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$z_0 \in H:= \{z \in C: Im(z)>0\}$, $D:=\{z\in C:|z|<1\}$

Show that $f:H\to D$ , $f(z)=\frac{z-z_0}{z-\overline{z_0}}$ is bijective and conformal.

So I have to show surjective and injective and holomorphic?

Since z and $z_0$ have Im>0, $|z-z_0|<|z-\overline{z_0}|$=> $|\frac{z-z_0}{z-\overline{z_0}}|<1.$

How can I get surjective out of that?

Injective was easy. I just assumed $f(z_1)=f(z_2)$, plugged it in, and got $z_1=z_2$.

Im(z)>0 and Im($\overline{z_0}$)<0. Thus $z - \overline{z_0}\neq0$. That's why I can differentiate f? So I get

f'(z)=$\frac{z_0-\overline{z_0}}{(z-\overline{z_0})^2}$. Again $z-\overline{z_0}\neq0$. That's why it's conformal?

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3 Answers 3

up vote 2 down vote accepted

Bijectivity follows from a more general theorem. A linear fractional transformation, (also known as a Moebius transformation) $$ S(z)=\frac{az+b}{cz+d} $$ such that $ad-bc\neq 0$ has inverse $$ S^{-1}(z)=\frac{dz-b}{-cz+a}. $$ Notice this is very similar to the theory of invertibility for $2\times 2$ matrices. In your case, $ad-bc$ amounts to $-\overline{z_0}+z_0=2i\operatorname{Im}(z_0)$. This is nonzero since $z_0$ is a point in the upper half plane.

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how can i show that $\overline{z_0}z-z_0<1$? –  Display Name Jan 23 '13 at 7:41
    
I have to show that $Im(f^{-1}(z))>0$, not the above, right? –  Display Name Jan 23 '13 at 7:51
    
@DisplayName Since $f$ is injective and maps $H$ onto $D$, it follows by definition of the inverse that $f^{-1}\colon D\to H$, in which case $\operatorname{Im}(f^{-1}(z))>0$ for $z\in D$. –  Ben Jan 23 '13 at 8:38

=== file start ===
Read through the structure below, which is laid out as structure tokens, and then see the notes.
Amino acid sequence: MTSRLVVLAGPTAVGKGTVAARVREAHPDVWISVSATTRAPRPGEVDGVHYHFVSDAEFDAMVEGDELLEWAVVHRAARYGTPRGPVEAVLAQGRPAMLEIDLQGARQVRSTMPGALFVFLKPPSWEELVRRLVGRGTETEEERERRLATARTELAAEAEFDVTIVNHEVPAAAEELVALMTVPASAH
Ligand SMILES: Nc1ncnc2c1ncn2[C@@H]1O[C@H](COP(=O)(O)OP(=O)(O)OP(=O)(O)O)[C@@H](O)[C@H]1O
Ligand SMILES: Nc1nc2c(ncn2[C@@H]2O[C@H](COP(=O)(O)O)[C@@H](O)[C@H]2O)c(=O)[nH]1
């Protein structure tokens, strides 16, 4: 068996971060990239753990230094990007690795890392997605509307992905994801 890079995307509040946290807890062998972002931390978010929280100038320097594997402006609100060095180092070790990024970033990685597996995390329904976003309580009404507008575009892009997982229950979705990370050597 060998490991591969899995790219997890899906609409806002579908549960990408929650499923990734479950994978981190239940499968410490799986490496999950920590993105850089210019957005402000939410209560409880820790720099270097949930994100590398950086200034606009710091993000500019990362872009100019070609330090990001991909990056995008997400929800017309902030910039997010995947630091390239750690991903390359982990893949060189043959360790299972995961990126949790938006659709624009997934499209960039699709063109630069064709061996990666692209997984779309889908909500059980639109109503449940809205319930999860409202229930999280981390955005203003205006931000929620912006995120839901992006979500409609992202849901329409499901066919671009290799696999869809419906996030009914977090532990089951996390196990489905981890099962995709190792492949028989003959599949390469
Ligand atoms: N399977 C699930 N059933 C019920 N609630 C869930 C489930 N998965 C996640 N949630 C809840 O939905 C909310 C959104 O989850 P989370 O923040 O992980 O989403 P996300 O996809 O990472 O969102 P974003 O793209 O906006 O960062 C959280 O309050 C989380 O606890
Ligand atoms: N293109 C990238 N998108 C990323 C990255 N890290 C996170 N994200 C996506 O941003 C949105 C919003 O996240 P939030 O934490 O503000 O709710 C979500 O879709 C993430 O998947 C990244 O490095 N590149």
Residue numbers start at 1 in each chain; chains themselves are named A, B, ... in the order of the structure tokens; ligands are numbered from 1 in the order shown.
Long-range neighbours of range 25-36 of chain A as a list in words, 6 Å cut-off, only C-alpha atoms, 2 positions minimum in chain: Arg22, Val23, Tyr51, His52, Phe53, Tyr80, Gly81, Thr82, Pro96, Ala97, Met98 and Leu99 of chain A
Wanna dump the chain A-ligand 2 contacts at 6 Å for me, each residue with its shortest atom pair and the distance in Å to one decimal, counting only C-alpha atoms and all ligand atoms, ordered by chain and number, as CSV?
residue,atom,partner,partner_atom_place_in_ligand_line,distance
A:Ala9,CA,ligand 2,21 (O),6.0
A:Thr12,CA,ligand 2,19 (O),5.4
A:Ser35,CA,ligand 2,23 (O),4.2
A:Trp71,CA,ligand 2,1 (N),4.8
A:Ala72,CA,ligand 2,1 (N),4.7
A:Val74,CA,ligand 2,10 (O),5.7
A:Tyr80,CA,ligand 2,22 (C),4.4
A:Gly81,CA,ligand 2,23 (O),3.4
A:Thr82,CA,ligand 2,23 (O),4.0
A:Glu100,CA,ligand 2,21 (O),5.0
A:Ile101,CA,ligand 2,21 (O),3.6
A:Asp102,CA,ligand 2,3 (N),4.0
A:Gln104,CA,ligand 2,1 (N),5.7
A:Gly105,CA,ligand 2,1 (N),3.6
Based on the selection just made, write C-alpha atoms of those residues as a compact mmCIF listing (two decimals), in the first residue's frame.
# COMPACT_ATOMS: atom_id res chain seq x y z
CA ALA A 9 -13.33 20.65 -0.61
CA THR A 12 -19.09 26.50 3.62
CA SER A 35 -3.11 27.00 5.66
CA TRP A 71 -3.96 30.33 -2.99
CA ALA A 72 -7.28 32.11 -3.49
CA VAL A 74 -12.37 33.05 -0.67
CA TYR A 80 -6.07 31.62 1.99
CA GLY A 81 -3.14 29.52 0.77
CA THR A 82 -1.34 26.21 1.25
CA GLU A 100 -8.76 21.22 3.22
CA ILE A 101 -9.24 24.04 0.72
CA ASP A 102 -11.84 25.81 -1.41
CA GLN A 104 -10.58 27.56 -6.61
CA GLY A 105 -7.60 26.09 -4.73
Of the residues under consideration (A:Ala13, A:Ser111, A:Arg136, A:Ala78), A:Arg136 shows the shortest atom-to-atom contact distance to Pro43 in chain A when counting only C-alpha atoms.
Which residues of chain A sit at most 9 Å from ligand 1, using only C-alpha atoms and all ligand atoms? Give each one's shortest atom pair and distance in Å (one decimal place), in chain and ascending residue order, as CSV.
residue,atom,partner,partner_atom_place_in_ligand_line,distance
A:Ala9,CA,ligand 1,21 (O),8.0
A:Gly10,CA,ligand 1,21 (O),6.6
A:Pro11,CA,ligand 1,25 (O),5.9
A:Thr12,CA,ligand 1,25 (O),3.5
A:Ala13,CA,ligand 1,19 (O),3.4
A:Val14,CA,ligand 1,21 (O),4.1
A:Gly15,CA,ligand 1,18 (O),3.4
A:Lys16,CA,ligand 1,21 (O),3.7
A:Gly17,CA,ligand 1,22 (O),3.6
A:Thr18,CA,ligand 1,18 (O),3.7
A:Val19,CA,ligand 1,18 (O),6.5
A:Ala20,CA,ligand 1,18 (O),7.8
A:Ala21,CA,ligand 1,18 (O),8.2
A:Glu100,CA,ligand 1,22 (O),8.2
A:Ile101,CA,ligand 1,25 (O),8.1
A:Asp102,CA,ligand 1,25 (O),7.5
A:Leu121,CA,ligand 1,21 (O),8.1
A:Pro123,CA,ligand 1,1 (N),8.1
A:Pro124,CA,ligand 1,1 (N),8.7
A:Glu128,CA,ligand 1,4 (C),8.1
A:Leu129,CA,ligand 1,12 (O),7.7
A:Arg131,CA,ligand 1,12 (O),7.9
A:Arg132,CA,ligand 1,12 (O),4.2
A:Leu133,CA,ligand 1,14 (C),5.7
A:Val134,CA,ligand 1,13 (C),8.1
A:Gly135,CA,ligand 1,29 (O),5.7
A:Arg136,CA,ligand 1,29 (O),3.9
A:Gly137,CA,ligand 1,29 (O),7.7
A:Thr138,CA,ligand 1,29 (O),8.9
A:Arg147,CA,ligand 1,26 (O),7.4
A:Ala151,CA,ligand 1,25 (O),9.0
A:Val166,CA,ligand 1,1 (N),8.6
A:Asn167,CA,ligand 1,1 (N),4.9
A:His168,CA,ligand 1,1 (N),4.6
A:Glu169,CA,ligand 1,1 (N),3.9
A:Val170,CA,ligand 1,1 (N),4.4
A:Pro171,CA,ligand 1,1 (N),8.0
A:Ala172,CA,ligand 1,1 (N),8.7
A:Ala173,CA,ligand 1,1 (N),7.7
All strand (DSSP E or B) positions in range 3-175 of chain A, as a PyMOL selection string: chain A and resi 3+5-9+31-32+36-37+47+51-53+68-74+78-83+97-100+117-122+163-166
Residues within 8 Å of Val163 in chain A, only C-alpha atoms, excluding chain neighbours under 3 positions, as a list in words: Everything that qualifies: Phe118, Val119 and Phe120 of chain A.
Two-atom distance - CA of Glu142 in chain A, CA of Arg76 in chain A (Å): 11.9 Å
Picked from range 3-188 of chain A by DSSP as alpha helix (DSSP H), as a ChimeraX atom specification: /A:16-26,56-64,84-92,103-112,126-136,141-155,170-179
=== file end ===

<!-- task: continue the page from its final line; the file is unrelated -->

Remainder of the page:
You are right that $f$ is well-defined, but to show it is conformal you need to show it is holomorphic and its derivative is non-zero everywhere. This is not difficult since $$\frac{z-z_{0}}{z-\overline{z_{0}}}=1-\frac{2Imz_{0}}{z-\overline{z_{0}}}$$is holomorphic everywhere in the upper half plane, and its derivative is nothing but $\frac{2Imz_{0}}{(z-\overline{z_{0}})^{2}}$ which cannot vanish.

The fact that $|z-z_{0}|<|z-\overline{z_{0}}|$ follows by the geometric picture. And the picture actually showed it is surjective. If you think geometrically, obviously $f(z)$ can obtain any value in $[0,1)$ by moving along the line connecting $z_{0}$ and $\overline{z_{0}}$. Now consider the points in $\mathbb{C}$ such that $|z-z_{0}|=p|z-\overline{z_{0}}|$ with $p$ fixed, it is an eclipse. With $z$ travelling in the eclipse its angle begin to change, and when it travels back it finishes 360 degrees. So the whole region in $D$ is being covered by $f(z)$.

This is not a brutal force type proof, and if one can show this algebraically I think it would be interesting to know.

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The easiest way to show it is bijective is to present an inverse map: $$w=\frac{z-z_0}{z-\bar{z}_0}\Rightarrow w(z-\bar{z}_0)=z-z_0\Rightarrow z(w-1)=w\bar{z}_0-z_0\Rightarrow z=\frac{w\bar{z}_0-z_0}{w-1}$$ As $z\in \{\mathrm{Im}z>0\}$, $z-\bar{z}_0\neq0$; in the same way, as $w\in \mathbb{D}$, $w-1\neq0$. So this map $$w\mapsto\frac{w\bar{z}_0-z_0}{w-1}$$ is well defined and it is the inverse of the previous. For it being conformal, it is enough to notice that the map $f$ is holomorphic on $H$ as it is a ratio of two $1$st degree complex polynomials which do not vanish on $H$ and, as user32240 correctly pointed out, its derivative doesn't vanish: $$f'(z)=\frac{2\mathrm{Im}z_0}{(z-\bar{z}_0)^2}$$ is non-zero on the upper half-plane.

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